Then there is Rufus Buck, a historical figure who was fascinating, enigmatically unique. In the film, Buck is played by Idris Elba, who is 49 years old. However, the real Buck was 21 years old at most when he was executed by order of the “suspended judge” Isaac Parker in 1895. This is the first, but not the last, the liberty the film takes to adapt its story. . Buck’s real life, or whatever we can take from it, deserves its own scene. That’s why I wrote the historical novel I dreamed that I was in heaven: the rampage of the Rufus Buck gang.

Specific information on Buck is available, but there is nothing close to a detailed life story. There are tapes of his arrests and press accounts, but these cannot be fully relied upon, as advocacy journalism at the time described black and Indigenous offenders as particularly evil and threatening. Buck went from a very young man, arrested and jailed for selling illicit alcohol, to the most wanted man in Indian territory. Through all accounts, his gang threatened, maimed, killed, terrorized and raped, placing him in the league of a Jesse James.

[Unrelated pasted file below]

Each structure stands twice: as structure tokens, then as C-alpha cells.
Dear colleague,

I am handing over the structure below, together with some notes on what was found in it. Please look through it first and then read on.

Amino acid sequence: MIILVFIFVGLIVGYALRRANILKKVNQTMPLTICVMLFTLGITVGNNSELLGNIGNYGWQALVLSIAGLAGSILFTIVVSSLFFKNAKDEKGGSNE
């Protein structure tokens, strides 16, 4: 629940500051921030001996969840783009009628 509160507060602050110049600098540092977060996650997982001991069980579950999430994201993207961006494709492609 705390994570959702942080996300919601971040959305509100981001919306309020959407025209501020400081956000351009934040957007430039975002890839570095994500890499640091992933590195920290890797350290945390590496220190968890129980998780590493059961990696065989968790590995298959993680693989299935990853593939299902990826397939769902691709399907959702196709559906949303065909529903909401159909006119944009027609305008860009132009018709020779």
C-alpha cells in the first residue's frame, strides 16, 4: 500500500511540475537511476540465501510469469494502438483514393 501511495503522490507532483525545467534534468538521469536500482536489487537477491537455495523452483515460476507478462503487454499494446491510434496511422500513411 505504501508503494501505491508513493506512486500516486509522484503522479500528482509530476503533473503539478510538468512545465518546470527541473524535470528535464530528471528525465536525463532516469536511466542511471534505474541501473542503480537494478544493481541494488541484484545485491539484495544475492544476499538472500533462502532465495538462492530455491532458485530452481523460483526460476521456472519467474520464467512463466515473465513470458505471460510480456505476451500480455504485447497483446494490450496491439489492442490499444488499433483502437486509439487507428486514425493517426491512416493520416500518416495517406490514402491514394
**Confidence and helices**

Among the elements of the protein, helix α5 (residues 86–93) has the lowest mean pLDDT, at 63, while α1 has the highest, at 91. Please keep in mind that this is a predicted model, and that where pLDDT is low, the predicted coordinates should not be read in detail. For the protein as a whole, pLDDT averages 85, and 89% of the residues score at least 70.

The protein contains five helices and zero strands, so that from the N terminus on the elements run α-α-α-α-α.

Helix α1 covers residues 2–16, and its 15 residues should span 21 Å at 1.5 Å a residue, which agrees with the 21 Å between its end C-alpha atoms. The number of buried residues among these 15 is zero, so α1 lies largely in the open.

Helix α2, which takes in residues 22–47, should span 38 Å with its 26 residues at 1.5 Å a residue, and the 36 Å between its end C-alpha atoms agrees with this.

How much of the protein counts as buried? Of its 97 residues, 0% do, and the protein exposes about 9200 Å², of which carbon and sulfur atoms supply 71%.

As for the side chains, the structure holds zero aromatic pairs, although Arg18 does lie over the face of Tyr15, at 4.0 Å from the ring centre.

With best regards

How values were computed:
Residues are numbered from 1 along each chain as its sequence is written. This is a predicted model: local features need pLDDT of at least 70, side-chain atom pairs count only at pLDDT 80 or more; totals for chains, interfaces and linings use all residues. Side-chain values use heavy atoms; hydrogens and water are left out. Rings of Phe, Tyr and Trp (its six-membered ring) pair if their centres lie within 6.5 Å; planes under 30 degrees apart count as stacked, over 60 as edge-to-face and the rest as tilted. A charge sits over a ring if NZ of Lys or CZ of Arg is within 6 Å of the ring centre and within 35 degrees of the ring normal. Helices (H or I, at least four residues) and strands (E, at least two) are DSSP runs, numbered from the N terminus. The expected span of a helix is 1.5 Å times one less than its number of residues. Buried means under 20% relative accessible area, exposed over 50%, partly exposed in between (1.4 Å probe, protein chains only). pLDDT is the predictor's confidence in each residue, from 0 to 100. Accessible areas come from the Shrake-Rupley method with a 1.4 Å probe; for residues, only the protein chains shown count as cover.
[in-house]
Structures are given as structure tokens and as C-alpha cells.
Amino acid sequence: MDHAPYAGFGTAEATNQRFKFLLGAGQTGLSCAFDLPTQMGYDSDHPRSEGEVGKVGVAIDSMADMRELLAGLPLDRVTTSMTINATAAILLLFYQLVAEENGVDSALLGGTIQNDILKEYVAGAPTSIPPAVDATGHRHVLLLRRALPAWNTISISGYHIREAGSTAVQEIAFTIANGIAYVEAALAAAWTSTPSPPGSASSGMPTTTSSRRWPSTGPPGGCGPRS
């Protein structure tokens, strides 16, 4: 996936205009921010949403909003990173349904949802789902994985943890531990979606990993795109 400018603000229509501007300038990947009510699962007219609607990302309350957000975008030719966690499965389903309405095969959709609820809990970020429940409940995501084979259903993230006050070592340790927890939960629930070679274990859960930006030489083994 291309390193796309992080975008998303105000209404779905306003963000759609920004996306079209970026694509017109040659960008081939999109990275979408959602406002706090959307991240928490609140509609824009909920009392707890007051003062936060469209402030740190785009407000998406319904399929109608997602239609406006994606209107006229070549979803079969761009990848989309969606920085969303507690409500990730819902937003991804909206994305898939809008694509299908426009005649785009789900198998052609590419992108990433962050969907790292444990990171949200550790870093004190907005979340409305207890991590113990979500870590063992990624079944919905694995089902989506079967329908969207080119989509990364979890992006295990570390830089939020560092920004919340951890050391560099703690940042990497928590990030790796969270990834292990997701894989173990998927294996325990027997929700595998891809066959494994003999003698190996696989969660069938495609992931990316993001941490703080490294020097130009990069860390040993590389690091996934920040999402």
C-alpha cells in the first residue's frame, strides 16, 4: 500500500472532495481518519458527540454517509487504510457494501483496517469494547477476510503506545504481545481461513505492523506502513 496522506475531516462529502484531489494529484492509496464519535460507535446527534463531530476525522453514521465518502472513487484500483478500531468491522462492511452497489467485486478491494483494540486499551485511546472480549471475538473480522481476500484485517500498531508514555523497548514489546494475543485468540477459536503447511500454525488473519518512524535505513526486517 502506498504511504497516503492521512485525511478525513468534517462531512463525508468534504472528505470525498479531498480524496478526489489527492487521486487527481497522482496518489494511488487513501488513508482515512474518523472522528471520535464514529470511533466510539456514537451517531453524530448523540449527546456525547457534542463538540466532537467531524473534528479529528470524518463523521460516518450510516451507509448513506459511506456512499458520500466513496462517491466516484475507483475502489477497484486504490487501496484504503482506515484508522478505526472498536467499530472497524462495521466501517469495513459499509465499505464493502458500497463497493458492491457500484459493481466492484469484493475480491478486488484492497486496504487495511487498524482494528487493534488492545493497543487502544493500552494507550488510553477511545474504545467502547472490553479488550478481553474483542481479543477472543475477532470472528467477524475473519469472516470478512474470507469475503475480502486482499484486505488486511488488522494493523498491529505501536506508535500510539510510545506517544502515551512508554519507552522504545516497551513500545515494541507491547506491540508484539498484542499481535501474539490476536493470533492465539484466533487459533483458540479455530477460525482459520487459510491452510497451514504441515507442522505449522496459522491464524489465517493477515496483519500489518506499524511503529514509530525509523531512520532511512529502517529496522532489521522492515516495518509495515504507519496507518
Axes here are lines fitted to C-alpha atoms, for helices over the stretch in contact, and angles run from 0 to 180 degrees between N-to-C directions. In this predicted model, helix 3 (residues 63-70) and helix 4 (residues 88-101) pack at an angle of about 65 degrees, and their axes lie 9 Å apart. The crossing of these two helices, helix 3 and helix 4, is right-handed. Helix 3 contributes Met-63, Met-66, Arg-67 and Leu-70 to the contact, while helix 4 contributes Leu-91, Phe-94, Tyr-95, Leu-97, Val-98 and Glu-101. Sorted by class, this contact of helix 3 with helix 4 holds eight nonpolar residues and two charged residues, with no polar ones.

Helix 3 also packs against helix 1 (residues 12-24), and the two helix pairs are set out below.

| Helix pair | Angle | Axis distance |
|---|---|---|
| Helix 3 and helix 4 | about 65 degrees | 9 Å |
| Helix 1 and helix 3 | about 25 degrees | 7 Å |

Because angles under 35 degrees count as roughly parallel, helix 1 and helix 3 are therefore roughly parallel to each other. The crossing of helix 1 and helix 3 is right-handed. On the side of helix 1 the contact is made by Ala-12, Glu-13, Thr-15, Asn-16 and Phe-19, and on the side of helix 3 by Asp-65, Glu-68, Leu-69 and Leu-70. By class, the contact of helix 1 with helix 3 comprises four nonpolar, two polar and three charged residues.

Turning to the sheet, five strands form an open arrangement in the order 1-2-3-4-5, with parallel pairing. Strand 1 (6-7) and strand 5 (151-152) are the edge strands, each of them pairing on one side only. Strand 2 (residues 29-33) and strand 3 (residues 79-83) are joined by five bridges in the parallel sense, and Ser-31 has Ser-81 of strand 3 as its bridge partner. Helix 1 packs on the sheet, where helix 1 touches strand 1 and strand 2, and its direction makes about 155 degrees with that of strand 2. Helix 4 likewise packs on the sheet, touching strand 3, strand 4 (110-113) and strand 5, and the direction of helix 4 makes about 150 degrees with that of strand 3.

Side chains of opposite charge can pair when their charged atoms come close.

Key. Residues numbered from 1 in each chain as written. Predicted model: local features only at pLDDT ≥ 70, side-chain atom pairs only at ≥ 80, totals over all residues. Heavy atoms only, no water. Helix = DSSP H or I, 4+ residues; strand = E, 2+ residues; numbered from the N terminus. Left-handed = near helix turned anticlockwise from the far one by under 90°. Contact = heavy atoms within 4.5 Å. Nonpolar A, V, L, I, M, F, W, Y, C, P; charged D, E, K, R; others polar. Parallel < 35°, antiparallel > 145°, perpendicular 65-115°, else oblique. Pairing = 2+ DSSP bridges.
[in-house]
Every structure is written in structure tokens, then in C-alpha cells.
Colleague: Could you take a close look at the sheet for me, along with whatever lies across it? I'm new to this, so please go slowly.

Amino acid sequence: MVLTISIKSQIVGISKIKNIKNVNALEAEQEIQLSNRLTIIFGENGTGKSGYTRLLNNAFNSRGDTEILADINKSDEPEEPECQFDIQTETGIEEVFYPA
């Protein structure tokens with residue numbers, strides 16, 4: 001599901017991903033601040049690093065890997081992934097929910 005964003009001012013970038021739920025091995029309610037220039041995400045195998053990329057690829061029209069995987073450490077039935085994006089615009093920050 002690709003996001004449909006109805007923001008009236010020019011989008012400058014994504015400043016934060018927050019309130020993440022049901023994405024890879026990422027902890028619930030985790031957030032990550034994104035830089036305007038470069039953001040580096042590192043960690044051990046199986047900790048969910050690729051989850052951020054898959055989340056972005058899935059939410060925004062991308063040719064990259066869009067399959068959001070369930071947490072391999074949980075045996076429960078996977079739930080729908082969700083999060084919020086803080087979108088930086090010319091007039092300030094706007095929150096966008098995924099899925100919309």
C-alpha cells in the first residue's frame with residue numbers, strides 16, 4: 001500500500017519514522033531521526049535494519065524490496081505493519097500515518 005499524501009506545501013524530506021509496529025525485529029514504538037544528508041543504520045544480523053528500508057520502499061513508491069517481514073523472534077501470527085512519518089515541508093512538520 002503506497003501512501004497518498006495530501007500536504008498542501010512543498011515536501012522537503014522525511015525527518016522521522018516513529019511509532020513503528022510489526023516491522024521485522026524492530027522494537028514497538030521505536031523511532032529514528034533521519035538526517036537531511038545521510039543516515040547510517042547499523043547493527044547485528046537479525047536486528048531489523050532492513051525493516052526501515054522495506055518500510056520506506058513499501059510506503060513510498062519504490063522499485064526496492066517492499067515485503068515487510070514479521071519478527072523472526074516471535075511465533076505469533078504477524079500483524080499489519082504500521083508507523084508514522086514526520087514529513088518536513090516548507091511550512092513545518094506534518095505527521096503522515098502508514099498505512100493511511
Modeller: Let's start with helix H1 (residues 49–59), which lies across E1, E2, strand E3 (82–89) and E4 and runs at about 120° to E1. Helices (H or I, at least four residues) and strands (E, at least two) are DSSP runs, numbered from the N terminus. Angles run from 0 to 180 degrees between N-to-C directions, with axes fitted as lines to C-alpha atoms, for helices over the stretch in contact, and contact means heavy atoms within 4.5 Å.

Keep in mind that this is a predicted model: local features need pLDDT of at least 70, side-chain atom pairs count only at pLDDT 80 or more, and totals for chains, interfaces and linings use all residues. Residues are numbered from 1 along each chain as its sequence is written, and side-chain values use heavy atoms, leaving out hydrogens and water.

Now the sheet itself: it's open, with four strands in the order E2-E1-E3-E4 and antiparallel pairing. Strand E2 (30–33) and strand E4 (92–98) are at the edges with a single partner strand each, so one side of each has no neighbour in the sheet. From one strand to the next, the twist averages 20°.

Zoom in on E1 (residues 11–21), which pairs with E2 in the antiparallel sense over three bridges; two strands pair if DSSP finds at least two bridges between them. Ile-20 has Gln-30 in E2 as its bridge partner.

From left to right: Maoma July, Sam Sampson, Rufus Buck, Lucky Davis and Louis Davis, during their arrest.
Courtesy of Léonce Guêtre.

The fascinating question is “Why? How do you evolve, in such a short time, from aficionado of reading outlaw pamphlets, to the most feared man in the whole Territory? This is the story I tried to tell, and it involved more than Buck and other outlaws. It involved politics, history, and the trajectory of America itself.

It is clear that the young age of the real Buck was important to his story; the two-week rampage he led was that of a teenager, with all the rage and levity that implies. The film, on the other hand, shows Elba’s Rufus Buck as a mature, hardcore killer, doing his business in a predominantly black world. But the real Buck was just a petty offender before his famous rampage. No experienced gunslinger, he also lived on the opposite side of a racially homogeneous society.